The executive director of the Log Cabin Republicans, a group for conservatives who support gay rights, is the latest person to resign over the organization’s endorsement of President Trump.

Jerri Ann Henry, the first woman to lead the group, tendered her resignation Monday, spokesman Charles Moran confirmed. The Washington Blade first reported the news of her departure.

Moran did not provide a reason for Henry’s exit, but the Blade reported that she left because of her disapproval of the Trump endorsement.

Robert Kabel, chairman of the group, and Jill Homan, vice chairwoman, wrote an Aug. 15 op-ed in The Washington Post endorsing Trump’s reelection next year because, in their view, “Trump has followed through on many of his commitments to the United States, including taking bold actions that benefit the LGBTQ community.”

Henry’s name was not included on the op-ed, suggesting discord in the group’s top ranks.

Kabel and Homan cited Trump’s stated desire to stop the spread of HIV/AIDS in 10 years and his efforts to “end the criminalization of homosexuality” globally as reasons he earned their support. But ­LGBTQ advocates critical of the president point to Trump’s ban on transgender people serving in the military, his Justice Department’s support for allowing employers to fire LGBTQ workers based on sexual orientation or gender identity, and his administration’s termination of a regulation prohibiting doctors from discriminating against transgender patients as evidence that the president is not an ally.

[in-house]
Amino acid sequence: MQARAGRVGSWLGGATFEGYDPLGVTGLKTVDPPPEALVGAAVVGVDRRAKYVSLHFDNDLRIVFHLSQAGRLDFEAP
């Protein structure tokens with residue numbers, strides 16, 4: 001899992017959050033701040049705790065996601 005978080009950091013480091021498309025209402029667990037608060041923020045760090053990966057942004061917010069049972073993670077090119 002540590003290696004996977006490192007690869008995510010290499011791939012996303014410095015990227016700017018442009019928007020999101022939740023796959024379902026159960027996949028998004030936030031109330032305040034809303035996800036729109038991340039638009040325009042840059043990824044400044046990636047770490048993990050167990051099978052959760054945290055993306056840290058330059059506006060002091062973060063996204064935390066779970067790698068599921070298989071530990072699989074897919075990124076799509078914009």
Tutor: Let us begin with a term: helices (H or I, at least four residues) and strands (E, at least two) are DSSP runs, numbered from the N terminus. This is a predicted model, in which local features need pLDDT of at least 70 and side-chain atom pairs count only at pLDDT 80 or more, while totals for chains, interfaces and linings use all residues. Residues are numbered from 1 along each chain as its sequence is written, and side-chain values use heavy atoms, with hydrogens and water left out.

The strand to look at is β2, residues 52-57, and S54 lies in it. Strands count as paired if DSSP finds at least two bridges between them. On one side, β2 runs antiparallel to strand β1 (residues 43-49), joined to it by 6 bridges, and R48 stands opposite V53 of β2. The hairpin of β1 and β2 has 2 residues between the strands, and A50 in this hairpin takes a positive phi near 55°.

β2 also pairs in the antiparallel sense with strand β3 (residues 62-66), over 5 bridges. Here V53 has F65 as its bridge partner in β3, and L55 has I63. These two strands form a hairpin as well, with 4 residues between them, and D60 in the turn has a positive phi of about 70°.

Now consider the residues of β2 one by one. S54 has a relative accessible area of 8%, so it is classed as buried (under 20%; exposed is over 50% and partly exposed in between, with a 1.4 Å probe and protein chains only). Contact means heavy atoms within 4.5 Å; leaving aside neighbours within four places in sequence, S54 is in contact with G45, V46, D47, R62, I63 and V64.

Last week, board member Jennifer Horn stepped down over the endorsement, saying there was “no world where I can sit down at the dining room table and explain to my children that I just endorsed Donald Trump for president.”

Jordan Evans, another member, also left the group last week and published an op-ed in the Advocate condemning the Log Cabin leadership for aligning itself with Trump.

“It seems that the ‘premier Republican organization for LGBTQ+ conservatives’ couldn’t care less about which form of acceptance qualifies as passable allyship and would instead willfully embrace an administration notorious for hollow words, fairweather friends, and a seemingly endless number of cuts for us to endure,” Evans wrote.

Several other members have also left the group, the Blade reported.

After the Log Cabin endorsement, Trump called it an “honor” and claimed, “Some of my biggest supporters are of that community.”

The Log Cabin Republicans refused to endorse Trump in 2016, and according to exit polls he won just 14 percent of the LGBTQ vote.